Ridership on San Francisco’s BART system, for example, is down 40 percent from pre-Covid expectations on weekdays. The transit agency, which had already curtailed capacity by retiring older train cars, recently revamped its schedule to redistribute trips across the week — which makes life more difficult for those who still have to get to work every day.

“There are actually fewer trains in what you would think of as peak commute hours, so they can provide more service at other times of the day and on weekends, because weekend ridership has rebounded to a greater degree,” said John Goodwin, assistant director of communications for the area’s Metropolitan Transportation Commission. “So for a lot of riders, that changes the frequency from every 15 minutes to every 20 minutes.”

According to a Labor Department source, the American Time Use Survey, those who commute by public transit spend roughly twice as much time traveling to and from work as people who drive. That relationship remained fairly stable through the pandemic years.

Highly educated workers are spending less time per week commuting

Average hours spent commuting per week by education level for all workers

High school or less

0

1

2

3

4 hours

’12

’22

3.1

Some college

’12

’22

2.8

Bachelor’s degree

’12

’22

2.3

Graduate degree

’12

’22

2.2

Source: American Time Use Survey

Note: Data for 2020 is not included. Weekly average is imputed from daily averages.

Those who depend on transit tend to have less education and lower incomes than those who drive. The reduction in commutes for those with college degrees has meant that they now spend less total time per week commuting than workers with only high school educations. Before the pandemic, that relationship was reversed.

Rosalind Tucker, managing director of mobility services at the Atlanta Regional Commission, calls the white-collar transit commuters “choice riders,” in that they typically have the freedom to commute via private automobile or not at all. Blue-collar workers are “lifeline riders,” because transit is all that connects them to their source of income.

Lifeline riders depend on choice riders to keep the system robust, but in the postpandemic era, that relationship has broken down. “A lot of our choice riders, we’re still working to influence them to re-choose transit,” Ms. Tucker said. For example, regional transit operators are working with employers to offer more flexible passes beyond the typical monthly unlimited version, which had been an important revenue source. “We need transit to remain a reliable option for lifeline riders.”

That mission has become more complicated for a couple of reasons. The geography of in-person jobs has shifted slightly, with e-commerce warehouses now employing thousands of people outside city centers, off highway exits without much else around them. And federal Covid-era funding for transit systems is running out, raising the specter of an urban death spiral of fewer riders, higher fares, less revenue and worse service.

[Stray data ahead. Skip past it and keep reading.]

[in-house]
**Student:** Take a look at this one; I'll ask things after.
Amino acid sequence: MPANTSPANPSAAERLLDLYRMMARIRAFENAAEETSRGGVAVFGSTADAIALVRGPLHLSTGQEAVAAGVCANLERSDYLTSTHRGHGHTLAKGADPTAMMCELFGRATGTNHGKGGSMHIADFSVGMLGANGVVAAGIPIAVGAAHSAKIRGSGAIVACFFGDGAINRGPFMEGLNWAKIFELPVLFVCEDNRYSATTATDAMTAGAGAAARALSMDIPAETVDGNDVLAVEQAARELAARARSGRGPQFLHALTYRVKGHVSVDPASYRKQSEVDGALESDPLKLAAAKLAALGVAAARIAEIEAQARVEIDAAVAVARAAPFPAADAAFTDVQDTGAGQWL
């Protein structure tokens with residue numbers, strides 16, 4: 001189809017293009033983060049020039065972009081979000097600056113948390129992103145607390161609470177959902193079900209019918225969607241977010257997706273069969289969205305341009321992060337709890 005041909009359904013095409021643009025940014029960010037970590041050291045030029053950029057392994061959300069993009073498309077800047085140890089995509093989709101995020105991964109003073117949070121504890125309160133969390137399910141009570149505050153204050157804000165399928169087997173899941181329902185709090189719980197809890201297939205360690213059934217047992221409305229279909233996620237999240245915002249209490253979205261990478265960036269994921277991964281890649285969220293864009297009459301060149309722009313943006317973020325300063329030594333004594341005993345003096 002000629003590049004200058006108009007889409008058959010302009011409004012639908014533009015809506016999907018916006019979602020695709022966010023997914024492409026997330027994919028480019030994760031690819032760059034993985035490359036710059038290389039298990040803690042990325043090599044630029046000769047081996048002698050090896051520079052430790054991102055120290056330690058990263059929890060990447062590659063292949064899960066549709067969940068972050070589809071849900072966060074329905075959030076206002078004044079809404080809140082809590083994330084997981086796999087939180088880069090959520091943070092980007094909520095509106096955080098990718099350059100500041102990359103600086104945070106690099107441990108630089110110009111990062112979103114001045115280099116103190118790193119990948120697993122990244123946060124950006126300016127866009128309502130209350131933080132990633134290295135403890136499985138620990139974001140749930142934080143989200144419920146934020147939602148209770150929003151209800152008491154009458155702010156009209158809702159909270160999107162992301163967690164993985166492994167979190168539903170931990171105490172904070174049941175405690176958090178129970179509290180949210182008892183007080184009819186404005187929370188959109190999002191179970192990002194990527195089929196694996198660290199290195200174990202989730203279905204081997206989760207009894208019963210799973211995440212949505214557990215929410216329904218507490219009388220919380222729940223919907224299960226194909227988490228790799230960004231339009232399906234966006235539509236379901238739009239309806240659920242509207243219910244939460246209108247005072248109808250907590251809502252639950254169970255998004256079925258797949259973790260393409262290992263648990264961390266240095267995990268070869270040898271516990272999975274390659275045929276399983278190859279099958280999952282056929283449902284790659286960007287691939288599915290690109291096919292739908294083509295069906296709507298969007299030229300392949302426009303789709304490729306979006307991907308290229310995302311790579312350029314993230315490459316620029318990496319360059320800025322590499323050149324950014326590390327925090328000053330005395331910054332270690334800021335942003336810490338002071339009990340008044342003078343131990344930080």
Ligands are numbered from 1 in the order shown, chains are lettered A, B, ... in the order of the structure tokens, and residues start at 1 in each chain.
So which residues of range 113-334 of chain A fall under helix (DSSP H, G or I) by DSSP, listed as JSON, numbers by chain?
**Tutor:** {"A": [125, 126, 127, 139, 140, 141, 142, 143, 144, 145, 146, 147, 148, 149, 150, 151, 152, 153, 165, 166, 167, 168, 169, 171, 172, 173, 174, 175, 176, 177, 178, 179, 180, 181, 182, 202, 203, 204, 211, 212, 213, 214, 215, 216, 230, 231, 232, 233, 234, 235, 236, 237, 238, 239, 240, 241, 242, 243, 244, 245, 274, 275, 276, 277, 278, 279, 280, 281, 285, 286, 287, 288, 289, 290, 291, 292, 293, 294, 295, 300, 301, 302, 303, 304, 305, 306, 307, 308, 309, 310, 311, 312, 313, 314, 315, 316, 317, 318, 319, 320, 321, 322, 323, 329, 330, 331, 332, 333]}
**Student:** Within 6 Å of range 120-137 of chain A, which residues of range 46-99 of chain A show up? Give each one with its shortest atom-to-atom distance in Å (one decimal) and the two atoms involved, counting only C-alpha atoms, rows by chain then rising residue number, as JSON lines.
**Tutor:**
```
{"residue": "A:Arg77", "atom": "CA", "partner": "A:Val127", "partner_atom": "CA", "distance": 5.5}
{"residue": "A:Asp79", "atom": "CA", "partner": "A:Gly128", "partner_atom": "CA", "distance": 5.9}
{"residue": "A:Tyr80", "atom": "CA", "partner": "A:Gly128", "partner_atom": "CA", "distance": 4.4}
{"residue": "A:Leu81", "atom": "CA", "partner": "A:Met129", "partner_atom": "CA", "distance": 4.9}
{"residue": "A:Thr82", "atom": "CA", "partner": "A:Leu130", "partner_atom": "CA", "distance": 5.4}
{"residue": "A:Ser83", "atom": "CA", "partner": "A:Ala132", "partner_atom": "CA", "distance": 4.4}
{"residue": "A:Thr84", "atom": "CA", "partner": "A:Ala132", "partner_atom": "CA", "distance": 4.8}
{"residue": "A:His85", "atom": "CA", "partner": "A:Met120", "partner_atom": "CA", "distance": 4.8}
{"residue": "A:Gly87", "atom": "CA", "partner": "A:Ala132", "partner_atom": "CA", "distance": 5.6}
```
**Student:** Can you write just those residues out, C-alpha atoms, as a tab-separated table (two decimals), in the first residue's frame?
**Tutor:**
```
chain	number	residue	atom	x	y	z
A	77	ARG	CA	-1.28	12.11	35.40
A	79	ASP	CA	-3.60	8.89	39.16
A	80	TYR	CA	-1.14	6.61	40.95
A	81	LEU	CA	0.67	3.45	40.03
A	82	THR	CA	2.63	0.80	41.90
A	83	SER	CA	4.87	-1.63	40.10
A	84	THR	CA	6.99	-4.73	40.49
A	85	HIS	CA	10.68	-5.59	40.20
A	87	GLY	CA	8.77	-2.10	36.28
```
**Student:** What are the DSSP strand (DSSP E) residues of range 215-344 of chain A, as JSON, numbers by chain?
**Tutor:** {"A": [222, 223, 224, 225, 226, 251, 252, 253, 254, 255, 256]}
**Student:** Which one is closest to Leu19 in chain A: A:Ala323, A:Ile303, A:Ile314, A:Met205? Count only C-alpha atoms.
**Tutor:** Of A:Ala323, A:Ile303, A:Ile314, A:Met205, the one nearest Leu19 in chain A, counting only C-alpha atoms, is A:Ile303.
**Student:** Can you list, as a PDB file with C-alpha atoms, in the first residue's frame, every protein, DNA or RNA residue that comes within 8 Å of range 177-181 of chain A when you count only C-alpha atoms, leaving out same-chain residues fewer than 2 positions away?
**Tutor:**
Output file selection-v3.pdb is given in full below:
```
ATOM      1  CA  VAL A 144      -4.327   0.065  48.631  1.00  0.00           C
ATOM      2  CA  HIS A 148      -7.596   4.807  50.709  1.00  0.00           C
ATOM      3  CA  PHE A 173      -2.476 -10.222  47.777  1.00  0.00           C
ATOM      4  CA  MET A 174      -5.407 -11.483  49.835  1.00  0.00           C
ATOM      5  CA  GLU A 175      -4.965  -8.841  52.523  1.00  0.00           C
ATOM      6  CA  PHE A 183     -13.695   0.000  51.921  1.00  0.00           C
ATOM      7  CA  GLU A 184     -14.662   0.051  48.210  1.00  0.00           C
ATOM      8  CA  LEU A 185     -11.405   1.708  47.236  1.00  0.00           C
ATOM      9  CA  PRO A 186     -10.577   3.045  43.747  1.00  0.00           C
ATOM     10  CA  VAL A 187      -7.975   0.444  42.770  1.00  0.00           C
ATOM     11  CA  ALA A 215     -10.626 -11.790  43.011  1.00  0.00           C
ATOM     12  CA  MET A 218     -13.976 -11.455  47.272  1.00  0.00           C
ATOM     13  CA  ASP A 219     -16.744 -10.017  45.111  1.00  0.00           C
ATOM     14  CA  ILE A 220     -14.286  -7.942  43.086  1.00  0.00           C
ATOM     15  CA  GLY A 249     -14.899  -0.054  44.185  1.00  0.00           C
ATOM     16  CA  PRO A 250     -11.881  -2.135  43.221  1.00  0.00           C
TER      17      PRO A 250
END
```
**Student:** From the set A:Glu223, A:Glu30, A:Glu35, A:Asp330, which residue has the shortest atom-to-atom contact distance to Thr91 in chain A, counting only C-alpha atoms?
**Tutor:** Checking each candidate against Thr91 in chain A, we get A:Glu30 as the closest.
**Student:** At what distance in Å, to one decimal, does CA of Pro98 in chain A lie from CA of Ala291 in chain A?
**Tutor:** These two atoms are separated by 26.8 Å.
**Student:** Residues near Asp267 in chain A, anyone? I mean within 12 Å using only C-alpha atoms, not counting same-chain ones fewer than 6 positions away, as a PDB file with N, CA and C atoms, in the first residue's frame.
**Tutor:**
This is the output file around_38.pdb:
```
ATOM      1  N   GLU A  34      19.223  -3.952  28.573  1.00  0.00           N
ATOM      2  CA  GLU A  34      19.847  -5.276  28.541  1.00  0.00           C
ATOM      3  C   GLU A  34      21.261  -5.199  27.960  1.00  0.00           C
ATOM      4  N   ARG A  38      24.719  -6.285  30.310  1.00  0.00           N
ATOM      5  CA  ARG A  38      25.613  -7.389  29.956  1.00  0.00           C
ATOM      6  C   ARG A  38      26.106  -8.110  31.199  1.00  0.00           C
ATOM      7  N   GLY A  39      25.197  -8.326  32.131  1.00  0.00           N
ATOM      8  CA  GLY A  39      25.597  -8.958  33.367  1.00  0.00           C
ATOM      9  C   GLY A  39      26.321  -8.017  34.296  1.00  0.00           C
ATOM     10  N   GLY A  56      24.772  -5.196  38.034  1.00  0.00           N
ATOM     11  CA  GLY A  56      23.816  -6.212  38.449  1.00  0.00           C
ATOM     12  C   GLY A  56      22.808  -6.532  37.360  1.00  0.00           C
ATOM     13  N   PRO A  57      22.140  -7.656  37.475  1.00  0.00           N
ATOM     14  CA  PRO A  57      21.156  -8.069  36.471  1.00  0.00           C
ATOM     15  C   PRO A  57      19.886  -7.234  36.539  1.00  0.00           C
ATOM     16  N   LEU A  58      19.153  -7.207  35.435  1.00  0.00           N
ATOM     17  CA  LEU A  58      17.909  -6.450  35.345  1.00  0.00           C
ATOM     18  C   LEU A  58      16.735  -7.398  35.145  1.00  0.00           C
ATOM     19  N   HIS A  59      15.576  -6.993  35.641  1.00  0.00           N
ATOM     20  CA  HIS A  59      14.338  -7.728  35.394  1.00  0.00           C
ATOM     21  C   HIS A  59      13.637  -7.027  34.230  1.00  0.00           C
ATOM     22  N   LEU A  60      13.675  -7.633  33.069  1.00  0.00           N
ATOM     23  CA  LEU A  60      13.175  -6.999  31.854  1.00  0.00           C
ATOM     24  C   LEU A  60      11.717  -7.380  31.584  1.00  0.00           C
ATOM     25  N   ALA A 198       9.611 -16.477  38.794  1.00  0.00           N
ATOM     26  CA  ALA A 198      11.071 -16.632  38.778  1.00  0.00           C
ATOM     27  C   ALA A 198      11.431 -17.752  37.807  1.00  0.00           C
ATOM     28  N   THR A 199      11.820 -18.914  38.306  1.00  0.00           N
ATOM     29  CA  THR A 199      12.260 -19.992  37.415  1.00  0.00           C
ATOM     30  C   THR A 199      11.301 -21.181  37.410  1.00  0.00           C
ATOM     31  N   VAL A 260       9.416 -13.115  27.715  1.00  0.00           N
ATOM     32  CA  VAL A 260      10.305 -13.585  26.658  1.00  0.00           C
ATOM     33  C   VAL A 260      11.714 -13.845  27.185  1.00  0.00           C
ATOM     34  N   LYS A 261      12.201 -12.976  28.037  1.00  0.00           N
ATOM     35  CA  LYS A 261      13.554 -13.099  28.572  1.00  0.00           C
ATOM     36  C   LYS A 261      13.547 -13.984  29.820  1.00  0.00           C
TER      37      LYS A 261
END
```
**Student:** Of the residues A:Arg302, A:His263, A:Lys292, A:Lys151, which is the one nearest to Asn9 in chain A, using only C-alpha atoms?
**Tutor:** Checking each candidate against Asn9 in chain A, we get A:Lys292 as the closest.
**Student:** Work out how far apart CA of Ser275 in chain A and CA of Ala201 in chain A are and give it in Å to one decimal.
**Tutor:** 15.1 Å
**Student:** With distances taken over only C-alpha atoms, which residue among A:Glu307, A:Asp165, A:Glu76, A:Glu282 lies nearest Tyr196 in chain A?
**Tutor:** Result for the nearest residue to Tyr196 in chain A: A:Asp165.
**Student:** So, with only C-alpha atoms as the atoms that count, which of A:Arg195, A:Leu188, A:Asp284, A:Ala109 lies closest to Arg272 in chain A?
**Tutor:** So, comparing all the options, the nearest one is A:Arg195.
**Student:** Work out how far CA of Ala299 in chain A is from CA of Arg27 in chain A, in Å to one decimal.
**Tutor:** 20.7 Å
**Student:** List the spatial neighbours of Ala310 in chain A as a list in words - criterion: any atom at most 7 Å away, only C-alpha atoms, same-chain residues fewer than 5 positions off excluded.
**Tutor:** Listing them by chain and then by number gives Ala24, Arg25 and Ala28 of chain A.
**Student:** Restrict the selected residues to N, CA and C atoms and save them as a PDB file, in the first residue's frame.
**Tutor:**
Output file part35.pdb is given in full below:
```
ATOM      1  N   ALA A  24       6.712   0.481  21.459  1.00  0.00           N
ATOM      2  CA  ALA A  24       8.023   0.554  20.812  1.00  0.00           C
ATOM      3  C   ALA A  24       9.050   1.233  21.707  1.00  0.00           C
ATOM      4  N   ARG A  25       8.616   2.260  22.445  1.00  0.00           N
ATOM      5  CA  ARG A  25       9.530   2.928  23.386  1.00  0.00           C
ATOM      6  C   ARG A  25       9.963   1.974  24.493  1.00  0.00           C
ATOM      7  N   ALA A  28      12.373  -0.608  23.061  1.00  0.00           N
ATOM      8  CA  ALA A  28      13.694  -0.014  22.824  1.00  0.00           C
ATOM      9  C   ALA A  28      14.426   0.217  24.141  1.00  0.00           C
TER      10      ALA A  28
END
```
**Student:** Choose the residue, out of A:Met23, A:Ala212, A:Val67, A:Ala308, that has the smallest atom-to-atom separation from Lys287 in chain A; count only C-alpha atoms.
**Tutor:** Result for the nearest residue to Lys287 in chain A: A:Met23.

Aimee Lee is the deputy executive director of transportation at the Chicago Metropolitan Agency for Planning, which coordinates the area’s many transportation services, including roads. The agency projects an annual shortfall of $730 million for the Regional Transit Authority, starting in 2026, unless it finds a way to plug the hole. Ms. Lee said that would be terrible for people who depend on transit — and also for the employers who depend on them.

“What I fear is if our government agencies bail on transit, and we choose to disinvest from operations there, riders don’t view transit as being a reliable option anymore,” Ms. Lee said. “People can’t afford to work in the region anymore. Businesses don’t have access to their work force.”

Data notes

Replica models commute patterns and overall travel behavior using a variety of sources, including de-identified mobile location data from cell phones, personal vehicles and commercial freight vehicles, as well as anonymized count data from roadway sensors and transit agencies. Throughout this article, Replica’s data is used to compare changes in the autumn of 2022 from the autumn of 2019. The autumn season includes the months of September, October and November in each year.

American Time Use Survey calculations define commutes as trips between work and home; commutes can include brief stops of 30 minutes or less. Methodology is based on “Measuring Commuting in the American Time Use Survey” by Gray Kimbrough (2019). Averages are for all survey respondents who reported doing any work, regardless of whether they had a commute. Weekends and holidays are excluded; weekly totals are extrapolated from daily averages based on a five-day workweek.